Jason Lomberg, North American Editor, PSD
That appears to be the case, if recent press is any indication – like Enovix Corporation’s battery cells achieving a 5-minute charge.
The company in question, a big player in advanced silicon-anode lithium-ion battery development and production, just announced that their 0.27 Ah Electric Vehicle (EV) test cells could charge from 0-80% in as little as 5.2 minutes and achieve a greater than 98% charge capacity in under 10 minutes.
Enovix’s Co-Founder, CEO and President, Harrold Rust, summed up their announcement’s implications rather succinctly when he said that “Fast charge capability can accelerate mass adoption of EVs and we’ve been able to demonstrate a level of performance that meets and exceeds many OEM roadmaps…EV manufacturers are in pursuit of batteries that support longer range, while the public and private sectors work to increase EV driver access to fast chargers.”
He's absolutely correct. No matter how many studies prove that the average EV electric range is well within the average commute (30-40 miles), we’ll never fully defeat “range anxiety” and hasten the mainstream adoption of EVs until their infrastructure is in place and they can be “refueled” as easily as internal combustion engines.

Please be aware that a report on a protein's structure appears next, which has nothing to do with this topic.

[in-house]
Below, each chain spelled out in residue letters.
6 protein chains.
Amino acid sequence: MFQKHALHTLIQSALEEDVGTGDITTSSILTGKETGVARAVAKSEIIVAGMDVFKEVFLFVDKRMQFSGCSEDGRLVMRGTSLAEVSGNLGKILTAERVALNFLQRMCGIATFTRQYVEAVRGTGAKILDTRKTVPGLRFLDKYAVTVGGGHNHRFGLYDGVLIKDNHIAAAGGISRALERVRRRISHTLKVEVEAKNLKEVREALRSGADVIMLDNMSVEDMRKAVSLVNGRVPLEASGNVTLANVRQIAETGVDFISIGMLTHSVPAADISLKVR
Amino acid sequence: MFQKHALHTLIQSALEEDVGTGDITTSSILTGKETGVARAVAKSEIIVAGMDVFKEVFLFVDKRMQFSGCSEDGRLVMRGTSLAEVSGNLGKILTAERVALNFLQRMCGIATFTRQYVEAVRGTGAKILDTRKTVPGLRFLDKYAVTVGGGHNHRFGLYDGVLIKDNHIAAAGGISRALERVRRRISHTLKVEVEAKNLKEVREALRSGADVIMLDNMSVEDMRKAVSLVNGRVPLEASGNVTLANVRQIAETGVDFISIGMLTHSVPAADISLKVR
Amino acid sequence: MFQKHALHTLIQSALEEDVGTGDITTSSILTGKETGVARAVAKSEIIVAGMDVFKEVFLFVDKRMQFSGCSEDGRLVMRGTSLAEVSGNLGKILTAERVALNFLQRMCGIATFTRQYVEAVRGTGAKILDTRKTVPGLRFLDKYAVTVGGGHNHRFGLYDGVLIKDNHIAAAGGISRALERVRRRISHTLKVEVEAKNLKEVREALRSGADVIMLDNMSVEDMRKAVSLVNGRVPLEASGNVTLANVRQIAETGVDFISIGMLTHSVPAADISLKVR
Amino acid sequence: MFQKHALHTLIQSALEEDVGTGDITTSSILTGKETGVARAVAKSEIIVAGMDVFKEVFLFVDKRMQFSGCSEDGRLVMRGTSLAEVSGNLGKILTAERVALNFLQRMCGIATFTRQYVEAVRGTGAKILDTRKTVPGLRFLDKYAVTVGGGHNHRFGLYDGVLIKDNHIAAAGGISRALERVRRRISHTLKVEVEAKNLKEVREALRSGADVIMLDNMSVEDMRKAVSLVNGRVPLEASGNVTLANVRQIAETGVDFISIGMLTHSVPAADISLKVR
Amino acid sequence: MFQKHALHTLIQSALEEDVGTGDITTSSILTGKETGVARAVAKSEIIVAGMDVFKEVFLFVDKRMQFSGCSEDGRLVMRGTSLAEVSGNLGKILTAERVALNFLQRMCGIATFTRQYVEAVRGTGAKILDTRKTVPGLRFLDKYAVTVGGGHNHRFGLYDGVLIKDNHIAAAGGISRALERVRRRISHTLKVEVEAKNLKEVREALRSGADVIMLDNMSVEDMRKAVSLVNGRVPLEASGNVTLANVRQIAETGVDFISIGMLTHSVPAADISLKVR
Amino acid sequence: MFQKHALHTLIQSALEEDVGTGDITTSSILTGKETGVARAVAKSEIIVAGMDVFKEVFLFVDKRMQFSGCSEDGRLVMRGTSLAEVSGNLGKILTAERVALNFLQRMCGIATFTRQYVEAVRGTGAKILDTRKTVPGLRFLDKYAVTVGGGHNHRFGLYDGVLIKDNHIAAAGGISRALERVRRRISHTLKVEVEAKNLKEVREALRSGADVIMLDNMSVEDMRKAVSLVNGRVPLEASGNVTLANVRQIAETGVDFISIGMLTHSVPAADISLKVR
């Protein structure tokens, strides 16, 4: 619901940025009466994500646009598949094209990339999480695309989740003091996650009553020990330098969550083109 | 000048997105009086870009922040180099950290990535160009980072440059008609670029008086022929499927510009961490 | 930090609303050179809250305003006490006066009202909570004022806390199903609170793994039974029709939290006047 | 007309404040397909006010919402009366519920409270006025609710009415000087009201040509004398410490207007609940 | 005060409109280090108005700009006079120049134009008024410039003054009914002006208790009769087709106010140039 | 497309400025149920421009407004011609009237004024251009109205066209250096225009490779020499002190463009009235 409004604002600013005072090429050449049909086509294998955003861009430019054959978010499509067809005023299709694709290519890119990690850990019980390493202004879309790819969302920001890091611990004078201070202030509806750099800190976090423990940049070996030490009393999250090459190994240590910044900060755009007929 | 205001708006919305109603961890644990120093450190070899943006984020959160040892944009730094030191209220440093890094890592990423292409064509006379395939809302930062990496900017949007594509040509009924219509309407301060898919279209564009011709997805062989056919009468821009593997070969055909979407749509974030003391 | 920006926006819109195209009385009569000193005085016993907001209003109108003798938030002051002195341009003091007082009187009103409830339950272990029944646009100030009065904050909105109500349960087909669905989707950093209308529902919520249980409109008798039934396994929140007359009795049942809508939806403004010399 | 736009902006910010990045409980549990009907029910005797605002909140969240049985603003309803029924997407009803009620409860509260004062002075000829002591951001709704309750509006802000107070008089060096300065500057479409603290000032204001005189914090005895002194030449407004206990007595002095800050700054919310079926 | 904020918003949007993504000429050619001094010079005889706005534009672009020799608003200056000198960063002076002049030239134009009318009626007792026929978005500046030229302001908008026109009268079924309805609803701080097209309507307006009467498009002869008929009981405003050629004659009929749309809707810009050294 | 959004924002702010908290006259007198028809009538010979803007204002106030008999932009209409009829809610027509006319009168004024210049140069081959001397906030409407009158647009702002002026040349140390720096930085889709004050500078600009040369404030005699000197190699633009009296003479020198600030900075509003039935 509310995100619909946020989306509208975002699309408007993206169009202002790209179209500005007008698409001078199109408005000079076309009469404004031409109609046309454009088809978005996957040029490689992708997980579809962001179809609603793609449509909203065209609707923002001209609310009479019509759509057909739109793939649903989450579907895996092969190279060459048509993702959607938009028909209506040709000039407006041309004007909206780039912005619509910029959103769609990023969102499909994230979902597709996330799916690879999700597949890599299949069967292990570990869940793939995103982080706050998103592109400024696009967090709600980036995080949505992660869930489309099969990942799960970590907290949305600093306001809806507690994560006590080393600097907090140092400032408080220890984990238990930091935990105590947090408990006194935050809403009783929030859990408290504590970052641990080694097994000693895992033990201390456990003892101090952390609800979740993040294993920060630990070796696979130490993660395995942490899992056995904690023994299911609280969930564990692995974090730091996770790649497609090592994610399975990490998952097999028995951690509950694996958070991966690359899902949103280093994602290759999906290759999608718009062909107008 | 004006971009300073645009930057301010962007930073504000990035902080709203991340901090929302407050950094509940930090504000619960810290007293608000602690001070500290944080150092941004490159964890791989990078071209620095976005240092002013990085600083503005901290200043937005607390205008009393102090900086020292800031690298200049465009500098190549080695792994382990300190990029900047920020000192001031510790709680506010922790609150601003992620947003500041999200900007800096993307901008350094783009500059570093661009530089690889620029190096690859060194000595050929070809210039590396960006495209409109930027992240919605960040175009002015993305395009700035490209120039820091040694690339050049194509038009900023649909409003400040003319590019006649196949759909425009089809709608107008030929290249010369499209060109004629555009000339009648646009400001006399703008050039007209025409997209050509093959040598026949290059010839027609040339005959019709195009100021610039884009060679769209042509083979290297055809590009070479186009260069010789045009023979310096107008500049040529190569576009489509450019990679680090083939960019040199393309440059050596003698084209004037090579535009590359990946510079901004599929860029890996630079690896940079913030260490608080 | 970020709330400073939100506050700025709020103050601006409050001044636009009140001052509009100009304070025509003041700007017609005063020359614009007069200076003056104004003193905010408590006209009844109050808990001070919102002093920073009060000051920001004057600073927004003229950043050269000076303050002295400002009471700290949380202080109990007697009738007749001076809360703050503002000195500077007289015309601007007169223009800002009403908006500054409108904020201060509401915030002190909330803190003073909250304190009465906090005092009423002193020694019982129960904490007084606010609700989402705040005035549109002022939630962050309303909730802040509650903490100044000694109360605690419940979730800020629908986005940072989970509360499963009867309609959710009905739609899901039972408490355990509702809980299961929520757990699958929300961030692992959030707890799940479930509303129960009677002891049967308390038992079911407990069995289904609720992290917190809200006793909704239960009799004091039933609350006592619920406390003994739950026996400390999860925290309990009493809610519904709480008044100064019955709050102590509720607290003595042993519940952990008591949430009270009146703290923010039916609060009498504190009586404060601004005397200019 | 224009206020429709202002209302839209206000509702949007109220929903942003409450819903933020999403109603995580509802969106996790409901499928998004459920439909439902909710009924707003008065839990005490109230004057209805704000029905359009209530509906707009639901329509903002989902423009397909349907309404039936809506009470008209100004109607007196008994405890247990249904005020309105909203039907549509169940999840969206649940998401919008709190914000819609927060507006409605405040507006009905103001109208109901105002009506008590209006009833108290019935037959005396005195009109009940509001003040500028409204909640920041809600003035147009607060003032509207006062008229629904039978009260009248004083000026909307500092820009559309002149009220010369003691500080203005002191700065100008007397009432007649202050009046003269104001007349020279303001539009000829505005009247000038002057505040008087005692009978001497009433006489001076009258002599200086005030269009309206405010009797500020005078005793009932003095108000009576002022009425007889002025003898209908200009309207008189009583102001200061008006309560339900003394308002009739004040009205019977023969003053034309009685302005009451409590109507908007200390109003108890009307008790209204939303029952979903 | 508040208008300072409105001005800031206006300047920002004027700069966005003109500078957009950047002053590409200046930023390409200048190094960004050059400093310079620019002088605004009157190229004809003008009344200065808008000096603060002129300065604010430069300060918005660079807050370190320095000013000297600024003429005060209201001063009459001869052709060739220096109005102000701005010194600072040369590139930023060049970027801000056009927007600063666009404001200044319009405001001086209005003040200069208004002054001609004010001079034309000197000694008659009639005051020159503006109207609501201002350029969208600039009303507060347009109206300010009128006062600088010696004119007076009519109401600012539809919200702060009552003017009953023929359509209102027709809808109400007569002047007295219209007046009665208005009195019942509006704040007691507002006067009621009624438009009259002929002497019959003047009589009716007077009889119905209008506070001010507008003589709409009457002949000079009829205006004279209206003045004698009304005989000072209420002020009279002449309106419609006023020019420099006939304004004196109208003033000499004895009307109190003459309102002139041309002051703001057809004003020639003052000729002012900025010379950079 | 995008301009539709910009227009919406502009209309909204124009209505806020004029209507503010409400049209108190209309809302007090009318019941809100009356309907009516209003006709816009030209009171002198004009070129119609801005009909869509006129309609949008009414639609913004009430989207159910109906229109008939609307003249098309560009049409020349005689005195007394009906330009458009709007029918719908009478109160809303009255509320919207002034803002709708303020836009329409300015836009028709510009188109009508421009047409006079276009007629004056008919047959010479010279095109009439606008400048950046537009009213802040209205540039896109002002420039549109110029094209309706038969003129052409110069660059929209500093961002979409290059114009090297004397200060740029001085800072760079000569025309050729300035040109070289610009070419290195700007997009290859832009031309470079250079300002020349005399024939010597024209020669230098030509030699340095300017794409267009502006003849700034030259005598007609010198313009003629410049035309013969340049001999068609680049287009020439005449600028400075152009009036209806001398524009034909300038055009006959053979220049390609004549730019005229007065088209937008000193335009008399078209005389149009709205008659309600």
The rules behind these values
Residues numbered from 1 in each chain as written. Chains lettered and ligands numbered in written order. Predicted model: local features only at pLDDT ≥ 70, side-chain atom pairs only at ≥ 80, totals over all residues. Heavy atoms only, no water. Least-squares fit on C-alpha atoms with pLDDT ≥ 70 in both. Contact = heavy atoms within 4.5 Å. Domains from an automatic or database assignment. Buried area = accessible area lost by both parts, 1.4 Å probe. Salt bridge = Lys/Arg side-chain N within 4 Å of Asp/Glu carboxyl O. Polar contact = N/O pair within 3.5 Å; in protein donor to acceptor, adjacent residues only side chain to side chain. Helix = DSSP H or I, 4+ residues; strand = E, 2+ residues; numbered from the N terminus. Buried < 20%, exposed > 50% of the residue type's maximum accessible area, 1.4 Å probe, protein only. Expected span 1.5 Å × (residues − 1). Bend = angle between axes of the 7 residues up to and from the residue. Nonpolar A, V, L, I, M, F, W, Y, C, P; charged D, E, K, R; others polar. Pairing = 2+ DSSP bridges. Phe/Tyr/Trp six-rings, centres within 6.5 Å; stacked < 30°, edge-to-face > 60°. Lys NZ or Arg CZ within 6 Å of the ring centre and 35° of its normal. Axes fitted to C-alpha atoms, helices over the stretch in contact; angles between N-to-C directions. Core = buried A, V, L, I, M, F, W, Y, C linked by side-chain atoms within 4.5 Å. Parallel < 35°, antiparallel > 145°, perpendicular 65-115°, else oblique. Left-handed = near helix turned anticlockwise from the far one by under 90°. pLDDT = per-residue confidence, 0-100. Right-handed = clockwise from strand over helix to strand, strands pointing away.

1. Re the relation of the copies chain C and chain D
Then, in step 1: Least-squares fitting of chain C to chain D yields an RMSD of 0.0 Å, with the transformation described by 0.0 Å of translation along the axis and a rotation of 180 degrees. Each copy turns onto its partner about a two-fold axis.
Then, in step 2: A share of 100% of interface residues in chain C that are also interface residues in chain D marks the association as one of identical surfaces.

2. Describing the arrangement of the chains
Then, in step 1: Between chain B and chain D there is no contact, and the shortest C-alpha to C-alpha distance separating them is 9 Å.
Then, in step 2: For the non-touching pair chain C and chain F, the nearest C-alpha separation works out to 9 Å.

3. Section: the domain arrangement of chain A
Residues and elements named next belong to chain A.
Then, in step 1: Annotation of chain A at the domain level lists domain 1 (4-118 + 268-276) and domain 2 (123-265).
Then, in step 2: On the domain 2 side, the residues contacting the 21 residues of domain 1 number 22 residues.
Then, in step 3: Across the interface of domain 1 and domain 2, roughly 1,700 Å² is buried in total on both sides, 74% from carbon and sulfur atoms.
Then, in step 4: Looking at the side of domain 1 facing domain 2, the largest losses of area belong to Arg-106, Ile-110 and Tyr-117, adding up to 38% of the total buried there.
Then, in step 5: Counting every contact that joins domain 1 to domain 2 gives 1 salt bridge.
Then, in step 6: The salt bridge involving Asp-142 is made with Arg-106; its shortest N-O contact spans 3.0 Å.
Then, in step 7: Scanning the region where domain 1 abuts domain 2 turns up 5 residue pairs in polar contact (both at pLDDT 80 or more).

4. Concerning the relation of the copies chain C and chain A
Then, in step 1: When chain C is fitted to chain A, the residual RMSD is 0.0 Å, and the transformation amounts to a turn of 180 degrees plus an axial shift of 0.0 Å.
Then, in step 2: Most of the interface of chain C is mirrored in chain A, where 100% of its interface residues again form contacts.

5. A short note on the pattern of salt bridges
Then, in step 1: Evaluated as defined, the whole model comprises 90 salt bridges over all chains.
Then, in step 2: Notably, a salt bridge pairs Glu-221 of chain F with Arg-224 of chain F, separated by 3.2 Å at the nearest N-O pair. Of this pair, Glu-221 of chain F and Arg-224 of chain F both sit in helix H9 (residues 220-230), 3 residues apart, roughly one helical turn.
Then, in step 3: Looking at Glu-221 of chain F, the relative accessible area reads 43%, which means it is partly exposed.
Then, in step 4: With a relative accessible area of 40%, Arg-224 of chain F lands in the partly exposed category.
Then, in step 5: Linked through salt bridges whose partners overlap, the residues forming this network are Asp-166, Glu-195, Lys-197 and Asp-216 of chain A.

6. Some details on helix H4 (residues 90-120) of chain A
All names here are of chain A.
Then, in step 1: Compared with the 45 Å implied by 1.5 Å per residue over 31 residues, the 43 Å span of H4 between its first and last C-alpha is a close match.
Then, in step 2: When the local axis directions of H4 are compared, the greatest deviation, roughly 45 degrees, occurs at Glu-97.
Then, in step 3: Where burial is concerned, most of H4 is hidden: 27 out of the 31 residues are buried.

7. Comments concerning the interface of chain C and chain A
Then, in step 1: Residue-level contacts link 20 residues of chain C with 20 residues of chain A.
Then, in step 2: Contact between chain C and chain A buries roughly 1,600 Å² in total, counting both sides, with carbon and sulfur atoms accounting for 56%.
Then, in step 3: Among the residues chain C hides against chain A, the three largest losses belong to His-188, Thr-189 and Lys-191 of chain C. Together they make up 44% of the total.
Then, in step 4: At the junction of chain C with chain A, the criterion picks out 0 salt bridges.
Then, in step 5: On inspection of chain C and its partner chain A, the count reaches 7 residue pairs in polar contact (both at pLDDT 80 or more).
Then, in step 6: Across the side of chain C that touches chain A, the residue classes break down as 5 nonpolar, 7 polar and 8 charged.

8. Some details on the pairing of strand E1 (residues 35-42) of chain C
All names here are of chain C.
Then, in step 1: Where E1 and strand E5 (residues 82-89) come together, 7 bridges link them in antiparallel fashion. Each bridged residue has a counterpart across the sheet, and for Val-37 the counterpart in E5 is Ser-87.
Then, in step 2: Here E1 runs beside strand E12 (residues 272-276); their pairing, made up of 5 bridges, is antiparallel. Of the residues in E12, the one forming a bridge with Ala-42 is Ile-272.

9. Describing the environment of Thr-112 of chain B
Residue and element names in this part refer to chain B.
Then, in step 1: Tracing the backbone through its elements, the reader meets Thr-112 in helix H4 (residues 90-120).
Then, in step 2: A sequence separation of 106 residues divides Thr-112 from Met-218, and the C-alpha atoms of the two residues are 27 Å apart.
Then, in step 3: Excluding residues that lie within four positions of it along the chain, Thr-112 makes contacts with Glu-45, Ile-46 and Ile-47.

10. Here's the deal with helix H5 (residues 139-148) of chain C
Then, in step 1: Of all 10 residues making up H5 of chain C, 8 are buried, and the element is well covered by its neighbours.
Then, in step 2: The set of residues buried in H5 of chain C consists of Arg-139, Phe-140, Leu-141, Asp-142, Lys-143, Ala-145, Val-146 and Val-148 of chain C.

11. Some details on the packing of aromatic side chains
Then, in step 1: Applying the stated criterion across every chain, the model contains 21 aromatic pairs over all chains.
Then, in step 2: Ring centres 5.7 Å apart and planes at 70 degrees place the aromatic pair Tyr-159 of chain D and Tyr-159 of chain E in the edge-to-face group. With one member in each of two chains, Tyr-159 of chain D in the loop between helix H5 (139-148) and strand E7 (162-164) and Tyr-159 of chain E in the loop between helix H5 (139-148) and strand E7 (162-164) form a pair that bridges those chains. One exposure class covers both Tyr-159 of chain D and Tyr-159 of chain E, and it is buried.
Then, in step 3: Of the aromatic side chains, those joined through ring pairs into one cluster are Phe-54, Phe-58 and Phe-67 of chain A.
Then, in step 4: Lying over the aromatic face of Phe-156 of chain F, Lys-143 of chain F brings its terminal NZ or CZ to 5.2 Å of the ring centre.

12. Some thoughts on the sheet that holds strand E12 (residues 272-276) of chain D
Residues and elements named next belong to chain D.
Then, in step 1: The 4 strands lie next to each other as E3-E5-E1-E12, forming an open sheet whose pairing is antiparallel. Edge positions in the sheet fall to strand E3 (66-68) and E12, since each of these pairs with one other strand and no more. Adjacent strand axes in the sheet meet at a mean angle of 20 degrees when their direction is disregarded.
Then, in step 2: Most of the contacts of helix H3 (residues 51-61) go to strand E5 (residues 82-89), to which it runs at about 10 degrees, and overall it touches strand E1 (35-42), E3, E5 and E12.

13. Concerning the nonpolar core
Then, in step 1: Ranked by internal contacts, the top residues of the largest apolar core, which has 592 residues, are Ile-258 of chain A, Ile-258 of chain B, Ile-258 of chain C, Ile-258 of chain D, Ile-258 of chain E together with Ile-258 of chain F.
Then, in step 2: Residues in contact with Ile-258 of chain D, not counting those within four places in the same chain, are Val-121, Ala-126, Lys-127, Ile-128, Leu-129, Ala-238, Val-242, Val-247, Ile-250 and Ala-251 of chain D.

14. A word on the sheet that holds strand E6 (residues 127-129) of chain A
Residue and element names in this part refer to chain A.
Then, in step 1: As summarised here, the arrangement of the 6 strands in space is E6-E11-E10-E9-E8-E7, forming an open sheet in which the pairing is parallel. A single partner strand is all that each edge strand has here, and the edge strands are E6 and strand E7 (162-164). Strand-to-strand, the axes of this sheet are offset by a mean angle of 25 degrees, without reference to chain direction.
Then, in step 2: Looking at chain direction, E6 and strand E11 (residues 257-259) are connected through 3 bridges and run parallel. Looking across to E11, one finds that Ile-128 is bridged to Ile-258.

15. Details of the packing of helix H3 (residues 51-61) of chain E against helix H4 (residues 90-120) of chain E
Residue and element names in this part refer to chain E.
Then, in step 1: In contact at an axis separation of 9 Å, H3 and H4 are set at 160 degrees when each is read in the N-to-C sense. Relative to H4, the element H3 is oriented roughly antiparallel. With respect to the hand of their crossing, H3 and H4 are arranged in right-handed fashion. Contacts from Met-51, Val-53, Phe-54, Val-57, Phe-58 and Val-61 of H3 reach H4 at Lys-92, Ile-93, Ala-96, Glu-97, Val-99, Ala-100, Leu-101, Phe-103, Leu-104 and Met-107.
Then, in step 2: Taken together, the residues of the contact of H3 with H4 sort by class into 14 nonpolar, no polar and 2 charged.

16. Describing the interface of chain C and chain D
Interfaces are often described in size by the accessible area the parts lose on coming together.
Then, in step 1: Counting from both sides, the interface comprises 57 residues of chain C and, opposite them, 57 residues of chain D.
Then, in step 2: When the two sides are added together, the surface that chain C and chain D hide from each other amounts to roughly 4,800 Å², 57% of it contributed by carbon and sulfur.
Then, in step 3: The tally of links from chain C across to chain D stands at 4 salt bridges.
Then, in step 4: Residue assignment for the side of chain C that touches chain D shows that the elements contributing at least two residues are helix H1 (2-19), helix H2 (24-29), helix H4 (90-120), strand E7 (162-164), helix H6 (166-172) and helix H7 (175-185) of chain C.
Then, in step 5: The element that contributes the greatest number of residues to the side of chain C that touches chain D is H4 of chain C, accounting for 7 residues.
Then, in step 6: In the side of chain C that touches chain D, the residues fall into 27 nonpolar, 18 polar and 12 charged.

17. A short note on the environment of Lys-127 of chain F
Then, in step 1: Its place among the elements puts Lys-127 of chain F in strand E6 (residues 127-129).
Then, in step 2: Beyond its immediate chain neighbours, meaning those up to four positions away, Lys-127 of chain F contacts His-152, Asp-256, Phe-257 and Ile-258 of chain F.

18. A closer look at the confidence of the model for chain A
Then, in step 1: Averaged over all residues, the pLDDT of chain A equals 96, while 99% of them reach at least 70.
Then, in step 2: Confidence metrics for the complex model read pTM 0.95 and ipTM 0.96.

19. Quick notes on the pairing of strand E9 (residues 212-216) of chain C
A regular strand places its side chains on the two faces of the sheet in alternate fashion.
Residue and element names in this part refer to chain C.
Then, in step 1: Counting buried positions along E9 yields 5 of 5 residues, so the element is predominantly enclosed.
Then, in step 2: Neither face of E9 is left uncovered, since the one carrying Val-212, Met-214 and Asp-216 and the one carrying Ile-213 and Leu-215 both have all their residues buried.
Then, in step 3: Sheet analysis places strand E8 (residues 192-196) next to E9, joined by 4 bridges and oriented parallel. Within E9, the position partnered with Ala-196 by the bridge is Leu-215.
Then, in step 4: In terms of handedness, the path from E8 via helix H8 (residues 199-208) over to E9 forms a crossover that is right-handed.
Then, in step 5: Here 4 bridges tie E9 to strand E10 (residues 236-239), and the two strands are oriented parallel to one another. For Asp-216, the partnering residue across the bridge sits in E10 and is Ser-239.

And a huge facet of that last part is recharge speed – hence, the laser focus on quick-charge technologies and even on more unconventional strategies like battery swaps (which I recently argued was a dead-end).
Curiously, 5 minutes seems to be a popular target for quick-charge technologies. We just covered a prototype cable from Purdue University that could bring EV charging in-line with internal combustion engine refueling.
As we reported then, Purdue’s cable can deliver a current 4.6 times that of the fastest available EV chargers on the market today by removing up to 24.22 kilowatts of heat, and if you could configure a charger to safely deliver 1,400-amperes, then you could – theoretically – achieve sub-5 minute recharge speeds.
But there’s the key word again – theoretically. In the case of Purdue’s cable, no EV battery on the market can handle 1,400 amperes, so the cable hasn’t been tested on actual vehicles.
And with Enovix’s battery cells, it’s a huge leap between (admittedly exciting) developments like this and applying it in practice.
Obviously, no EV on the roads has that sort of capability yet. According to Kelley Blue Book, the fastest-charging EV is the Lucid Air, a 4-door sedan with a max range of 520 miles and a charging capability of approximately 20 miles per minute.
But the Lucid Air (and the second and third fastest-charging EVs) is nowhere close to “mainstream.” Never mind the $77K+ starting price, which excludes it from a large segment of the market. It hasn’t even fully deployed yet, with delivery of the base model set for the end of the year.
The Enovix battery cells’ 5-minute charge time is very exciting news, but I’ll reserve judgment for when it shows up on the road. For now, I remain cautiously optimistic.